Tested: Surly Dirt Wizard 29+ Tires
A few days prior to the latest 270 mile bikepacking suffer binge, the folks at Surly were kind enough to shod my Krampus with a pair of Dirt Wizard 29+ prototypes to put through the wringer…
The Virginia Mountain Bike Trail was the perfect proving ground for these toothy monsters. The route is an intricate amalgam of ceaseless technical rock gardens, steep stone studded slopes, loose switchbacks, long gravel slogs, and hoof pounded mud pits. And all of it had a fresh blanket of what we back East call brown ice.
I have been riding 3” Knards religiously for the past year with my only complaint being in the traction department on particular surfaces. Prior to that, I was an addict of Kenda Nevegals, so I was curious to experience the mystical juju birthed from the mix of high volume and mad traction. The latest iteration of the DW 29+ is a full 3” wide 60 tpi casing with a dual tread compound design, similar to that of the Nevegal. The beveled outer knobs are softer and much taller than the center tread giving it a flattish profile which equates to an aggressive, control-focused tire that can handle loose corners and fast women.
Come Crawling Faster
The unique tread pattern of the DWs is characterized by two rows of tightly spaced center knobs and the amply spaced outer rows of larger side knobs. This dichotomy seems to be the underlying force behind the way the Dirt Wizards perform. Being used to the softer profile of the Knards, on an initial 1,000’ ascent, the pugnacious tread design felt slightly awkward climbing up a steep and rocky grade, but then I settled in to it. After a short adjustment period, I was hooked and enjoyed feeling these tires clawing their way over rocks, roots, and even slick leaves (brown ice) like a tank. In addition, after peaking out the climbs, I found the DWs to be surprisingly responsive and quick to accelerate on flats and descents. The inner tread are formed of a harder rubber compound designed to roll fast and wear less.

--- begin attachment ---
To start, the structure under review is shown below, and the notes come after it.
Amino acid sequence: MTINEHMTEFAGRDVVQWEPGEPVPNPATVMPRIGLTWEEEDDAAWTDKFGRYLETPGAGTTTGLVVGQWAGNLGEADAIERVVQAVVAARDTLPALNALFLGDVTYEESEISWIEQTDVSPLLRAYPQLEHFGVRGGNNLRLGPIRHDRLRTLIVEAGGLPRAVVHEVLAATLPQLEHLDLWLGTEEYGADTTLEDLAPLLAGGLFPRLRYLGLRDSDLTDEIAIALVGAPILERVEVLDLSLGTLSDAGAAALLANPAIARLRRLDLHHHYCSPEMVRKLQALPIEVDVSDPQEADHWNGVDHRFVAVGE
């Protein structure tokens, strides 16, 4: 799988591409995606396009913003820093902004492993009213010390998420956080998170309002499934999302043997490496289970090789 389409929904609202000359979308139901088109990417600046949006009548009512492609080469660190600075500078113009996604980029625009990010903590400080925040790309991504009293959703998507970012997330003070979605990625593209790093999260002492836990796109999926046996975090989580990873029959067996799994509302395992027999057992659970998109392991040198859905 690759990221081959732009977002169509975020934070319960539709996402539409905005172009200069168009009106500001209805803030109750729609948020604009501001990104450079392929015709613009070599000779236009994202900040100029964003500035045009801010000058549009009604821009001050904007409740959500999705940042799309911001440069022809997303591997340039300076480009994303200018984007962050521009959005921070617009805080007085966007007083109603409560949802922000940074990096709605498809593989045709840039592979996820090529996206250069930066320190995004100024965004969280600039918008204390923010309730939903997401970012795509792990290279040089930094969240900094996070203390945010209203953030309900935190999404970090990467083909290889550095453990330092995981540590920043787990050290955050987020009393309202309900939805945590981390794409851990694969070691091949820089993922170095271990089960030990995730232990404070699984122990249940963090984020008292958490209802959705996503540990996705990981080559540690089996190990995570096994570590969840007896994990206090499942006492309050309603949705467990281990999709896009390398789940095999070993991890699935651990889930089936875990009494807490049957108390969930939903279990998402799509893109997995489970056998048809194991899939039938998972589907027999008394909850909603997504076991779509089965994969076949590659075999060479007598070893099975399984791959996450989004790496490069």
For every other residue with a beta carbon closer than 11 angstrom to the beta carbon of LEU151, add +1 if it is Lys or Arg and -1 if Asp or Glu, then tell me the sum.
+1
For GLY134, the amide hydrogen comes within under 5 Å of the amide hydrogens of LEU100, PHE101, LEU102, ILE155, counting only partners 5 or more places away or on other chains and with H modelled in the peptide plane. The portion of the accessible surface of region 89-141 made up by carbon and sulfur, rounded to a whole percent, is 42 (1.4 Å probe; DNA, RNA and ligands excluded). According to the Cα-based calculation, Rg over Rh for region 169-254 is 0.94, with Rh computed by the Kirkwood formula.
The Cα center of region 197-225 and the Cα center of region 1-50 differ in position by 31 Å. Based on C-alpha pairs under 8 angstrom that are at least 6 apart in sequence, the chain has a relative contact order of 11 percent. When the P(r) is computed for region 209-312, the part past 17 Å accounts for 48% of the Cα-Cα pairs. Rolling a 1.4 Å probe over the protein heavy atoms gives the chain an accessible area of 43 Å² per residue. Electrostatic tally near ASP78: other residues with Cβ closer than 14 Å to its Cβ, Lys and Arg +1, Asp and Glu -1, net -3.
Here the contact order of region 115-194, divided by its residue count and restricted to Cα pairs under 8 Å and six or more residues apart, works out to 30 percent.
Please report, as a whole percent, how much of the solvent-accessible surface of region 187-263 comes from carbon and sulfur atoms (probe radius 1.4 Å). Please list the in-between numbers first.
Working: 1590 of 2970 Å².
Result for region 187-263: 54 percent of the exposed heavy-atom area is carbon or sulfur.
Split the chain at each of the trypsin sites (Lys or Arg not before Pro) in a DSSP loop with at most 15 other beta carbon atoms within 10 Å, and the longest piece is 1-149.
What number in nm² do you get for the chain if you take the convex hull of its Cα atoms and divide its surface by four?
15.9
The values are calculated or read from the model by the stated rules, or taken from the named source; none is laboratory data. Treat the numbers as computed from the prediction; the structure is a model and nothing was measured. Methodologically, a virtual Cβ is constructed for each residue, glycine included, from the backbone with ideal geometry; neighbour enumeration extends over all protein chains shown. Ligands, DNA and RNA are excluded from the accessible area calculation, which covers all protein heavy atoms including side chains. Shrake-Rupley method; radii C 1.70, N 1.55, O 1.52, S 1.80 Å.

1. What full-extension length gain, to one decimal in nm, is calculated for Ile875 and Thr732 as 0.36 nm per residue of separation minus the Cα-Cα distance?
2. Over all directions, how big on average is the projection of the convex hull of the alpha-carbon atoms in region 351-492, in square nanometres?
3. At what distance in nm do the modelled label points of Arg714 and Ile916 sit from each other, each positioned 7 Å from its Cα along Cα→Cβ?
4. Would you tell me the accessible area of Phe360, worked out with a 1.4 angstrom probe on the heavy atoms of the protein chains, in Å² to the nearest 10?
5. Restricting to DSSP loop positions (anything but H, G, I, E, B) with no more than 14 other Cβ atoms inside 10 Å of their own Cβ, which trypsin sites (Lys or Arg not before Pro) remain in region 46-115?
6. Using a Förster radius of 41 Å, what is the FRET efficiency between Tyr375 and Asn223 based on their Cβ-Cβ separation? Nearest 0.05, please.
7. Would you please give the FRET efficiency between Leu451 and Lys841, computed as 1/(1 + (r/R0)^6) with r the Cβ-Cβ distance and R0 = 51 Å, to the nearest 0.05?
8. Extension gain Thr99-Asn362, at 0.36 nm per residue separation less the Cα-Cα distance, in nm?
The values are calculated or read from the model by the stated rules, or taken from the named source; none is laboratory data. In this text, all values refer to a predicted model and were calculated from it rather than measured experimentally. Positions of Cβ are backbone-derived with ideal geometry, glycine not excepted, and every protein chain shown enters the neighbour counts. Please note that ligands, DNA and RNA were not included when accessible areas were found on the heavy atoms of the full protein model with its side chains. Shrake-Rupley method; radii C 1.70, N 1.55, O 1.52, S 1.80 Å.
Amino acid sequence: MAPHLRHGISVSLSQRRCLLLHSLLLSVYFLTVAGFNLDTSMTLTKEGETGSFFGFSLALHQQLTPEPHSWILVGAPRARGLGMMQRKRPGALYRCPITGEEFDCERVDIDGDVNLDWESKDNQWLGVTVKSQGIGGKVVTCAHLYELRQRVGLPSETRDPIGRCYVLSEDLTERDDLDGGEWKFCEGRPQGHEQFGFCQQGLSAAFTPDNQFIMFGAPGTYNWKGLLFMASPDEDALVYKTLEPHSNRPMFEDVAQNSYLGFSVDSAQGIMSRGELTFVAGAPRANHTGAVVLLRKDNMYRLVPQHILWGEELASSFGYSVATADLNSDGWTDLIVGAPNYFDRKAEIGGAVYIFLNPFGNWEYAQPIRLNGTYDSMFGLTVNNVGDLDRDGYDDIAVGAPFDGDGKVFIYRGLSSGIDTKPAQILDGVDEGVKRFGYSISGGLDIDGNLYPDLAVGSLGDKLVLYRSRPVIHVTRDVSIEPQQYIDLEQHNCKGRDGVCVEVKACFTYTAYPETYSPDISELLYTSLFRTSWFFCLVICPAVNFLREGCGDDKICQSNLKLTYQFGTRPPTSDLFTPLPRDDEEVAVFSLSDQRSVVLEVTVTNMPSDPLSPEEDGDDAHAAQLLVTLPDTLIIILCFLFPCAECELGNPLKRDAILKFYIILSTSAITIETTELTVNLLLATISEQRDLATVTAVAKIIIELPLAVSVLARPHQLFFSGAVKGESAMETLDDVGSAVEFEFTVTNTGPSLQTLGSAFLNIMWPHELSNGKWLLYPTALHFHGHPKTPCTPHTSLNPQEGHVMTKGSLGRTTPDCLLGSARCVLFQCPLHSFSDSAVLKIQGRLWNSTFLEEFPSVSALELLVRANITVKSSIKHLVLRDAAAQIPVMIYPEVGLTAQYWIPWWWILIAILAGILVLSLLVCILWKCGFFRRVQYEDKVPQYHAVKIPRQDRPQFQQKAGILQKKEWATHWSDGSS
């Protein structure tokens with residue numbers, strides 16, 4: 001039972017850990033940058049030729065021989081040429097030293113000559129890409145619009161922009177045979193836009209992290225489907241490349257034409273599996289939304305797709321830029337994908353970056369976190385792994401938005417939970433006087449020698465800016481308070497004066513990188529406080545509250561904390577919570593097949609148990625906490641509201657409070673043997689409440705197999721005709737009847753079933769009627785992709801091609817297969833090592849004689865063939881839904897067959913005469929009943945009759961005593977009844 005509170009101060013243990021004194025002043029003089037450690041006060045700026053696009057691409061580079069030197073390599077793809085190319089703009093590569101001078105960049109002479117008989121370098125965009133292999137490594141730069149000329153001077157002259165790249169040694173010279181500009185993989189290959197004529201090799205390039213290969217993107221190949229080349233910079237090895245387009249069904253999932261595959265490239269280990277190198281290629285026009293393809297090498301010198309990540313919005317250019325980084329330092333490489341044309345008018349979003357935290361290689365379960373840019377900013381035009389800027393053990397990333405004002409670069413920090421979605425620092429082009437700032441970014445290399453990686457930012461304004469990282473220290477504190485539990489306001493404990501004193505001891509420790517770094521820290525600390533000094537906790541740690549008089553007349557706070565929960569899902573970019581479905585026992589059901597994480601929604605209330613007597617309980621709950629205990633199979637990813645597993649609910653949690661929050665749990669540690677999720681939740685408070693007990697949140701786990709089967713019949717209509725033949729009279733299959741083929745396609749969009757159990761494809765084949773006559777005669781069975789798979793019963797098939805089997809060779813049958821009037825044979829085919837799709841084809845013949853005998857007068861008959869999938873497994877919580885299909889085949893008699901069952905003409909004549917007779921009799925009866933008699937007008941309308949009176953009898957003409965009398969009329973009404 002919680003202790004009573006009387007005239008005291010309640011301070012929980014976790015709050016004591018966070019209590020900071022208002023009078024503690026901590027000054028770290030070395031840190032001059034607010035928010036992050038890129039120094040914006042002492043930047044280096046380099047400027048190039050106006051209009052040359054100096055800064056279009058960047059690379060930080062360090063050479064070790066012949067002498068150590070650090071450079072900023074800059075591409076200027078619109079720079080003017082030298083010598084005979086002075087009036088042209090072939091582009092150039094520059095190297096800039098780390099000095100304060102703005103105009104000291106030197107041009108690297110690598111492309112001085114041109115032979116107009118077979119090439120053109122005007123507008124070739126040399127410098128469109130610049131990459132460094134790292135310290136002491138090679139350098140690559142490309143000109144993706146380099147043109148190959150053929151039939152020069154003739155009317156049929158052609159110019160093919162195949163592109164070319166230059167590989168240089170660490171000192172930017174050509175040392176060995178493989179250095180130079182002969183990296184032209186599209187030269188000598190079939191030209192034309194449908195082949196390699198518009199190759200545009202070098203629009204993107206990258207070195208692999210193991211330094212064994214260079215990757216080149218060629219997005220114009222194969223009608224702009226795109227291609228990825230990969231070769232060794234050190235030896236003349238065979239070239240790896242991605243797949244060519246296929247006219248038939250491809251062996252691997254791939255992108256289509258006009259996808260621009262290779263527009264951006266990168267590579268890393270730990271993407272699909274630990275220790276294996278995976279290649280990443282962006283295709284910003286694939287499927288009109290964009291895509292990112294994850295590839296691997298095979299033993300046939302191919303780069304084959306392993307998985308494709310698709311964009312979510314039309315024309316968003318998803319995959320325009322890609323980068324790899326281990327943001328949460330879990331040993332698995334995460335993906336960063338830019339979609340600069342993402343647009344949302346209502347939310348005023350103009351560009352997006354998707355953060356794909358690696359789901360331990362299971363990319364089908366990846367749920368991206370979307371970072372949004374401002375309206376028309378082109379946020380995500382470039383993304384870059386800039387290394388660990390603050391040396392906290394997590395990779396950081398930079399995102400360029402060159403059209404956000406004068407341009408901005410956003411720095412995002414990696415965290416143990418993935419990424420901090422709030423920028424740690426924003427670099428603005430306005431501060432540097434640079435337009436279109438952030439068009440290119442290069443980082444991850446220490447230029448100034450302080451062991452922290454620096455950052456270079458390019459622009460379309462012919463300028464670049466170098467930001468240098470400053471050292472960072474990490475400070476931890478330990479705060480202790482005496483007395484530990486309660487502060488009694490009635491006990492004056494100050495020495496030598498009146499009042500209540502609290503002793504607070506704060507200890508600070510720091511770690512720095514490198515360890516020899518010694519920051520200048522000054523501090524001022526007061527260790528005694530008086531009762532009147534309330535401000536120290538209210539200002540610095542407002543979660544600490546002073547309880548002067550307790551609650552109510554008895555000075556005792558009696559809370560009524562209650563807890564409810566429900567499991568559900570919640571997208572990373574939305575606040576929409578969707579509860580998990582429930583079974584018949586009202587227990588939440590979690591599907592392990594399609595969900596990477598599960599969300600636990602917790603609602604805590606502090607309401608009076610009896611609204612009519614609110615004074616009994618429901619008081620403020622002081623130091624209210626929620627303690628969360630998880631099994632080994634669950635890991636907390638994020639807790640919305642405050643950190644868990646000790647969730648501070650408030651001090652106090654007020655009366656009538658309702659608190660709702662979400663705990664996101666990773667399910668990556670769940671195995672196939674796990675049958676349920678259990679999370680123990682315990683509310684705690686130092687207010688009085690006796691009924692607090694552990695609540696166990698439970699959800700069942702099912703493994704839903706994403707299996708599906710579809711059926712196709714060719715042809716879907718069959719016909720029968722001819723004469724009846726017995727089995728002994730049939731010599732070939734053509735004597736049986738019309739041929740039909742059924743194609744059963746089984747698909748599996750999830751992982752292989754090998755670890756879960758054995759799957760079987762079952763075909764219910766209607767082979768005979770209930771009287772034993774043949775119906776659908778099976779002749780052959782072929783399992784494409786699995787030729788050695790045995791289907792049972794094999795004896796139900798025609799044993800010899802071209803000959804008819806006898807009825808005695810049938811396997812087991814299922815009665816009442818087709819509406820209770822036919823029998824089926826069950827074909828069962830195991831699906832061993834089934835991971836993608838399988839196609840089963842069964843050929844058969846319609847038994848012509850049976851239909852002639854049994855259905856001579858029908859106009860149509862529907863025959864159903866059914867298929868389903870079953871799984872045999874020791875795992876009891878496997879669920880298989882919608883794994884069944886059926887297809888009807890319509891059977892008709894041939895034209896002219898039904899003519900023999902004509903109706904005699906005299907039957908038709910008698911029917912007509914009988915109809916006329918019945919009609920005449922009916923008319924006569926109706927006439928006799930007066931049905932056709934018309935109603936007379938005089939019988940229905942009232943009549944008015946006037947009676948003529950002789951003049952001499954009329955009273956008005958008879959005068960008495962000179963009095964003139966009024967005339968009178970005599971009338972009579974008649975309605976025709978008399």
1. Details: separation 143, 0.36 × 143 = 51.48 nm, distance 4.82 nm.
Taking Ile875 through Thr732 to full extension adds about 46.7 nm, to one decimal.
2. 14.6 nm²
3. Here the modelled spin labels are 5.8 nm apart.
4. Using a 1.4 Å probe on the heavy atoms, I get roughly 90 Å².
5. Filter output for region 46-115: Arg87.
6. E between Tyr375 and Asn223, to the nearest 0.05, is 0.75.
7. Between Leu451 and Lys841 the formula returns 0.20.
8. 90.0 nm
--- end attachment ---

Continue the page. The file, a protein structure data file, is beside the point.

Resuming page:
On the Gravel
Numbers 6 and 7 (see the photos) seemed almost as comfortable on the gravel forest roads that interlink the singletrack morsels on this route. As expected that are not as fast as their Knardy cousins, but they aren’t bad as all. It was also interesting to find that these tires roll OK on tarmac; surely due to the harder rubber used on the inner tread. However, the DW is a purpose built tire, and they can feel a bit draggy on long hard surfaces; they are meant to be off road… and that is where they shine.
In the Mosh Pits
The latter portion of the VMBT rolls through a few sections of the Virginia Highlands Horse Trail which, as it’s name implies, is used by a fair share of weekend horsebackers. Anybody who’s ridden shared trails can attest to the mud pits that these beasts can hammer into the ground. After a couple day’s worth of afternoon rains I was able to test the mud slinging properties of the Wizards in this area, and they didn’t disappoint. Whether trudging through horse swamps or ripping soft corners, there is no shortage of traction.
All mud is different, but on first Impression the Dirt Wizards seem to perform well in the mud shedding department. Unlike I’ve experienced with Knards, there was never an issue with the tire tread carrying 15 pounds of chocolate cake along for the ride.
For this trip I ran the Wizards with normal 29er tubes and had a single flat over 6 days… a pinch flat from skulling a brick-sized rock. That’s pretty impressive considering I had four flats on the same terrain one month prior. I plan to set the Wizards up tubeless soon and will update this post. Fortunately, that should be pretty easy; the latest iteration of the DWs got a tubeless ready kevlar bead designed to work for Surly rims (but also plays nicely with other rims). If you’ve made it to this point of a tire review, you probably know that these tires have been delayed on multiple occasions… and for good reason. From what I understand they have undergone several rounds of tweaking to get them just right. The traction aggressive tread design combined with the suspension performance of a high-volume tire sold me on the Dirt Wizards, but the addition of DTC tread and a tubeless ready bead should seal the deal for a lot of folks eagerly awaiting the spring.
The Dirt Wizards I was provided are an early prototype; and production tires may vary slightly. Surly is testing out several configurations and trying to find the sweet spot between rubber compounds, casing features, casing thread count, weight, price, and durability. So these specs and what they release may change slightly when it’s all said and done. As of now, there will likely be two versions, a 120 TPI (DTC/TR) variation and something similar to the ones I rode:
- Weight: 1134 grams per tire
- Casing: 60 TPI
- Bead: Tubeless Ready Kevlar
- Rubber: Dual Tread Compound
- Release Date: Within 6 lunar cycles of the 43rd anniversary of the release of Led Zeppelin IV